Review: Classical Acting Showcase


Durham University’s Classical Theatre company scores a triumph as the annual Classical Acting Showcase proves beyond all doubt that there is no shortage of classical acting talent in Durham. With the evening split into two halves, ten actors deliver a series of classical monologues from Shakespeare to Sophocles in a well-organised compilation of exceptional performances.

kicks off the evening with a familiar favourite: Shakespeare’s “winter of discontent” speech from Richard III. Standing dead still in the middle of the stage, Davies gives an excellent King Richard. Contemplative, resentful and sinister in equal measure; it is clear from the start that the audience is in for a treat.

From Shakespeare to Sophocles in a well-organised compilation of exceptional performances

The Brook’s Bar by Parson’s Field offers a small, intimate space in which the actor can command the full attention of the audience; creating silence where they want drama, and laughter where they want comedy. The intensity of each performance is aided by the lighting which simply set two yellow/orange lights on centre-stage. The closeness of the actor to the audience is of particular benefit to ’s rendition of Olympio’s monologue from Titus Maccius Plautus’ Casina. Picking on one member of the audience for his delivery, Ledger creates hilarity by over-annunciating absurd lines, such as “like a worm”, as though they are the smartest thing anyone has ever said, getting close to the audience member’s face and whispering to great farcical effect. Having such a simple set-up has the additional advantage of allowing for rapid transitions between performances, ensuring that the energy and intensity is never lost.

The actors who stand out above all the rest are those who give two performances; particularly those who deliver two very different extracts. The advantage of this, from a competitive standpoint, is to demonstrate the diversity of the actor’s skills. Ledger’s ridiculous Olympio, for example, is a world away from his first character, a deadly serious Mark Antony from Shakespeare’s Julius Caesar. Similarly, Honor Douglas is able to first conjure John Webster’s broken, vengeful Vittoria, excoriating her unfaithful husband (“what have I gained by thee but infamy?”) but then, in the second half, delivers a comedic Rosalind from As You Like It, exaggerating her absurd criticisms of Phebe to the applause and laughter of the audience.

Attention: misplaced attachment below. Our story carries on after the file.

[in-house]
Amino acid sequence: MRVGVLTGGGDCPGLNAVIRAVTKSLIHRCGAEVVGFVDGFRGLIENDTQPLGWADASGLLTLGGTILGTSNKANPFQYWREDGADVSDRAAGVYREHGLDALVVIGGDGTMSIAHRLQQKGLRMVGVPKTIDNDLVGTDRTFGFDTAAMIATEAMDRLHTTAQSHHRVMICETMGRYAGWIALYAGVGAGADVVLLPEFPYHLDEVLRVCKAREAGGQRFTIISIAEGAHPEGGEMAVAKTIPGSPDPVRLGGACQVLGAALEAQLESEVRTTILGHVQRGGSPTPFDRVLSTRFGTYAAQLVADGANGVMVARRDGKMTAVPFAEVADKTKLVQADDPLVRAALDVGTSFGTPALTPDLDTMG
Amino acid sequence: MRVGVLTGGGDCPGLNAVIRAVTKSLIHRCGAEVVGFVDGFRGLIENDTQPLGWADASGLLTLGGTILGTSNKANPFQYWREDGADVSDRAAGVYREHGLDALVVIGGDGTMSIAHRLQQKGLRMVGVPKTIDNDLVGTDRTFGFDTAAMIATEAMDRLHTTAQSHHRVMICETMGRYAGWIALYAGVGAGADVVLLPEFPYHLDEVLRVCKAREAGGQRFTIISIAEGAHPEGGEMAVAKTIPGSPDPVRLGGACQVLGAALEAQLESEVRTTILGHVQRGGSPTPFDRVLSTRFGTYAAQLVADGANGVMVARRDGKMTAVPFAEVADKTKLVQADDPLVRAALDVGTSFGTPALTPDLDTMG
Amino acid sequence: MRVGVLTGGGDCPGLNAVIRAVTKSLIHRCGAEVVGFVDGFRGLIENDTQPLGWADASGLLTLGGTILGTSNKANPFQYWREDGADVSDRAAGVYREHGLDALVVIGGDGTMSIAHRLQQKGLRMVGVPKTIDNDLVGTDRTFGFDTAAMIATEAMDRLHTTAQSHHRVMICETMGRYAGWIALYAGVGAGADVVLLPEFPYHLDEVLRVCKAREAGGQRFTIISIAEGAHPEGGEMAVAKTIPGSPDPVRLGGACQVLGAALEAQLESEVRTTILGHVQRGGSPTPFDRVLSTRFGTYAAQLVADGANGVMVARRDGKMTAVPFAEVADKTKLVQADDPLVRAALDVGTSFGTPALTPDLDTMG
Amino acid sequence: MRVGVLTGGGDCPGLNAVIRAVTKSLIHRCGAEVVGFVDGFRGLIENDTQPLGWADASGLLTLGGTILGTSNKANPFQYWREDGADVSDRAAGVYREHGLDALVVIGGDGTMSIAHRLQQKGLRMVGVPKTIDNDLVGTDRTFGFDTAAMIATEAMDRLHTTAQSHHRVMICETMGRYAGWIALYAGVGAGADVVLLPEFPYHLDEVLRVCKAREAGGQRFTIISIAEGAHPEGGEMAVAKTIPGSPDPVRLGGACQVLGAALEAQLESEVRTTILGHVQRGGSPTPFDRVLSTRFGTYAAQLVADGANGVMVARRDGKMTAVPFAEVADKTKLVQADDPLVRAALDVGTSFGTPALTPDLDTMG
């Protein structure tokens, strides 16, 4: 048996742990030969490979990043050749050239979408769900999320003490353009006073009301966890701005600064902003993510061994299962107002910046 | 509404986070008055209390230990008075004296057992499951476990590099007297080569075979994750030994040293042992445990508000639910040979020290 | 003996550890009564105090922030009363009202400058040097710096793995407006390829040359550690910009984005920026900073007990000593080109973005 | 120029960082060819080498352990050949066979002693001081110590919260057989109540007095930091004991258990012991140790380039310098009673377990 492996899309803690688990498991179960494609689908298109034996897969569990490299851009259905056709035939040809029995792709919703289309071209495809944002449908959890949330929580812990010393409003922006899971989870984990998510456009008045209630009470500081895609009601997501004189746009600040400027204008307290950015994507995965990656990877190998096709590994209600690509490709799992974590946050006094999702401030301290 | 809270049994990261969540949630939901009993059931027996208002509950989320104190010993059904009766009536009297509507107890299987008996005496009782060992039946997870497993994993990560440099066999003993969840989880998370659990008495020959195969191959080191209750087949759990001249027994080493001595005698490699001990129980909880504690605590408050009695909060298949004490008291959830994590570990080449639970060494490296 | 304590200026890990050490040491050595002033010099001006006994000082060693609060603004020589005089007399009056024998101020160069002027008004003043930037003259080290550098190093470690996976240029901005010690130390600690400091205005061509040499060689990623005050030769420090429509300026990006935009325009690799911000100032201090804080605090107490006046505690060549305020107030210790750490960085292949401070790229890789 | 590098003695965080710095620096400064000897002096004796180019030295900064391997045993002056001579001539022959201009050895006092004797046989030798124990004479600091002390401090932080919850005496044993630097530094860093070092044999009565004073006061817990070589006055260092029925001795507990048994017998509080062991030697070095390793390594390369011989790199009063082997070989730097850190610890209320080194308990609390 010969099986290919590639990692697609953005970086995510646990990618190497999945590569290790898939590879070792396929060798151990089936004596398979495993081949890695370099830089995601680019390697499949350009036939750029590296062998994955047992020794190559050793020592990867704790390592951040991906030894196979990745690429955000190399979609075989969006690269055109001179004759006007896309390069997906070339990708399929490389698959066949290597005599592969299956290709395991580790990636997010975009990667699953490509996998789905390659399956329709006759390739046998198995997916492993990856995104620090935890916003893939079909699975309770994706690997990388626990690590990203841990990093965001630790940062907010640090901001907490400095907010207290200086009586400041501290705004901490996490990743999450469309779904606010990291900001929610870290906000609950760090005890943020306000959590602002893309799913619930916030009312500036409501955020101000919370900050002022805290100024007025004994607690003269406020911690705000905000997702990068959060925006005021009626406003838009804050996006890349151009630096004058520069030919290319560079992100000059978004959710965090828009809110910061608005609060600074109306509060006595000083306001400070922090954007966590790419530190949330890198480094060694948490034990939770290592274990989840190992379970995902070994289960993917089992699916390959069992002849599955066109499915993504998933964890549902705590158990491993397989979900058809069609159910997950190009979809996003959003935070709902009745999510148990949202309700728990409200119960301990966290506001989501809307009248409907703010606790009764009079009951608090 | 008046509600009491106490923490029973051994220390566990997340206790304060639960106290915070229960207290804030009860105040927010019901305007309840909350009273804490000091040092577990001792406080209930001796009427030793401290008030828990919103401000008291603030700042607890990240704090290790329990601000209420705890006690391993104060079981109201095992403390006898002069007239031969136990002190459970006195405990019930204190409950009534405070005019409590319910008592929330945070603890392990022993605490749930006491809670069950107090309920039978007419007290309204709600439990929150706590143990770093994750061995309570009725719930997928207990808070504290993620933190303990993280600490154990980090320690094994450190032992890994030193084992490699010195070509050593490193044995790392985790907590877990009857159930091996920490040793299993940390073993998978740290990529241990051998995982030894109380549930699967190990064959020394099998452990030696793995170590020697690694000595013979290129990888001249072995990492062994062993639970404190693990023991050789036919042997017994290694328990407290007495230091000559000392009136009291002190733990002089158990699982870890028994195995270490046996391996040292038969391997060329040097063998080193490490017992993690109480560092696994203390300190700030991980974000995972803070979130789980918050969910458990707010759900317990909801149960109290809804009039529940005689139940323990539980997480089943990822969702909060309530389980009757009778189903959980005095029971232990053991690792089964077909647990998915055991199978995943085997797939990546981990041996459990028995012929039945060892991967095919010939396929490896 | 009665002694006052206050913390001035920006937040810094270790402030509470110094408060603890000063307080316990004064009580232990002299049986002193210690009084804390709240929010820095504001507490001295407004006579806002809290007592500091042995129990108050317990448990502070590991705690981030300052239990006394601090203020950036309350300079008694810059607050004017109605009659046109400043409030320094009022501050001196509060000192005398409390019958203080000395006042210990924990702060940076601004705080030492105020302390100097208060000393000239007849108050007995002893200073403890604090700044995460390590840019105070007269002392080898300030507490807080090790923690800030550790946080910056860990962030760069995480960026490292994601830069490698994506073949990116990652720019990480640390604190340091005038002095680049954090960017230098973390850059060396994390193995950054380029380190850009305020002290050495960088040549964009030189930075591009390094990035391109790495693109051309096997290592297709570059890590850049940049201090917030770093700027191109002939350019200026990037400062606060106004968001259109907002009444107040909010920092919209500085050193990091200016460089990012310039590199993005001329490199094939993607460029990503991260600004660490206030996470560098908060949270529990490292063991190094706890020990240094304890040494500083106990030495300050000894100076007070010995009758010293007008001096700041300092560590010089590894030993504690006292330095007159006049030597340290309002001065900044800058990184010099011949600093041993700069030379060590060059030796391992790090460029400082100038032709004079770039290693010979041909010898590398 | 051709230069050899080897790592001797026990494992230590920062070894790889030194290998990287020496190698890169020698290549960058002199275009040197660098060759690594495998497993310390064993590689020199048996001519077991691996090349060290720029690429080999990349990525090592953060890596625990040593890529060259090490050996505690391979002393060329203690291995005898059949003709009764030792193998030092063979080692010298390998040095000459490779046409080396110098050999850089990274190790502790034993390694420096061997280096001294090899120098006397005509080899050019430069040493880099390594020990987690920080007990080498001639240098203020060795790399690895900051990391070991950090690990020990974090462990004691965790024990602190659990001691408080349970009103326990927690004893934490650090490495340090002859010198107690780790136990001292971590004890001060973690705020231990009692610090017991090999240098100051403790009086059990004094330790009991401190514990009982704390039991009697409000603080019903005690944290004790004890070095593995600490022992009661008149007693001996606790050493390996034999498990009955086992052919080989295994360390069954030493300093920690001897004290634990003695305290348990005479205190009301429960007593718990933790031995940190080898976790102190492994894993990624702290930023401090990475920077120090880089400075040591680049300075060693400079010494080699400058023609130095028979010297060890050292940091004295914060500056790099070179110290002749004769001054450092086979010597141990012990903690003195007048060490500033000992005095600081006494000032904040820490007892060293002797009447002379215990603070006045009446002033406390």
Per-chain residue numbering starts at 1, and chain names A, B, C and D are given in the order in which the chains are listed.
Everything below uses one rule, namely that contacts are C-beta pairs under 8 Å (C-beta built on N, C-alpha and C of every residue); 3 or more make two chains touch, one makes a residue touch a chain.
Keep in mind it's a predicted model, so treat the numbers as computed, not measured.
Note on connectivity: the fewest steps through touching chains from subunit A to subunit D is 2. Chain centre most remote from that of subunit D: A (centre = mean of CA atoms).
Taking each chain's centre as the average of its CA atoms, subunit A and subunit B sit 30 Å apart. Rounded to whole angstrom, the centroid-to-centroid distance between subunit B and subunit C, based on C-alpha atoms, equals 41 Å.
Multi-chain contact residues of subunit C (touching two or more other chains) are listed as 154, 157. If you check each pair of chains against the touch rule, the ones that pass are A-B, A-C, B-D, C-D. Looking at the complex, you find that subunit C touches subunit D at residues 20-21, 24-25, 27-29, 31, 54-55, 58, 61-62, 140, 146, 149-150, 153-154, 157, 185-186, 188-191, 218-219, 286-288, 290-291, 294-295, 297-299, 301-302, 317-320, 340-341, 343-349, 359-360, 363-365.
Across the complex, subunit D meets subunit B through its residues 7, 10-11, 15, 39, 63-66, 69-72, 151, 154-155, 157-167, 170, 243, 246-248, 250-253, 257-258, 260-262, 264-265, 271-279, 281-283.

Outside of the individual performances however, it is this diversity and variety of the chosen extracts that made the showcase overall a truly exceptional performance. Effortlessly switching from the dramatic to the tragic to the ridiculous, each actor gives it their all and the result is an electric and enjoyable evening of classical theatre. The real triumph of the evening, however, is the fact that the drastic changes in tone never detract from any one performance, as might be the danger of having so many different monologues performed back-to-back. One is totally absorbed by which ever performer is presently giving their performance. This is testament not only to the actors’ skills but also to the masterful direction of Eleanor Sumner, and who deserve a great deal of credit for making the showcase as engaging as it is.

One is totally absorbed by which ever performer is presently giving their performance

Ultimately the judges crowned two runners-up ( and Honour Douglas) and one winner (Alannah O’Nare) but all the actors (Seb Pavin, Nathan Jarvis, Honor Calvert, Alex Davies, Catherine Turner, and Raphael Kris) deserve huge congratulations on performing what amounts to nothing less than a rich masterclass in classical acting.

Image credit: Durham University Classical Theatre

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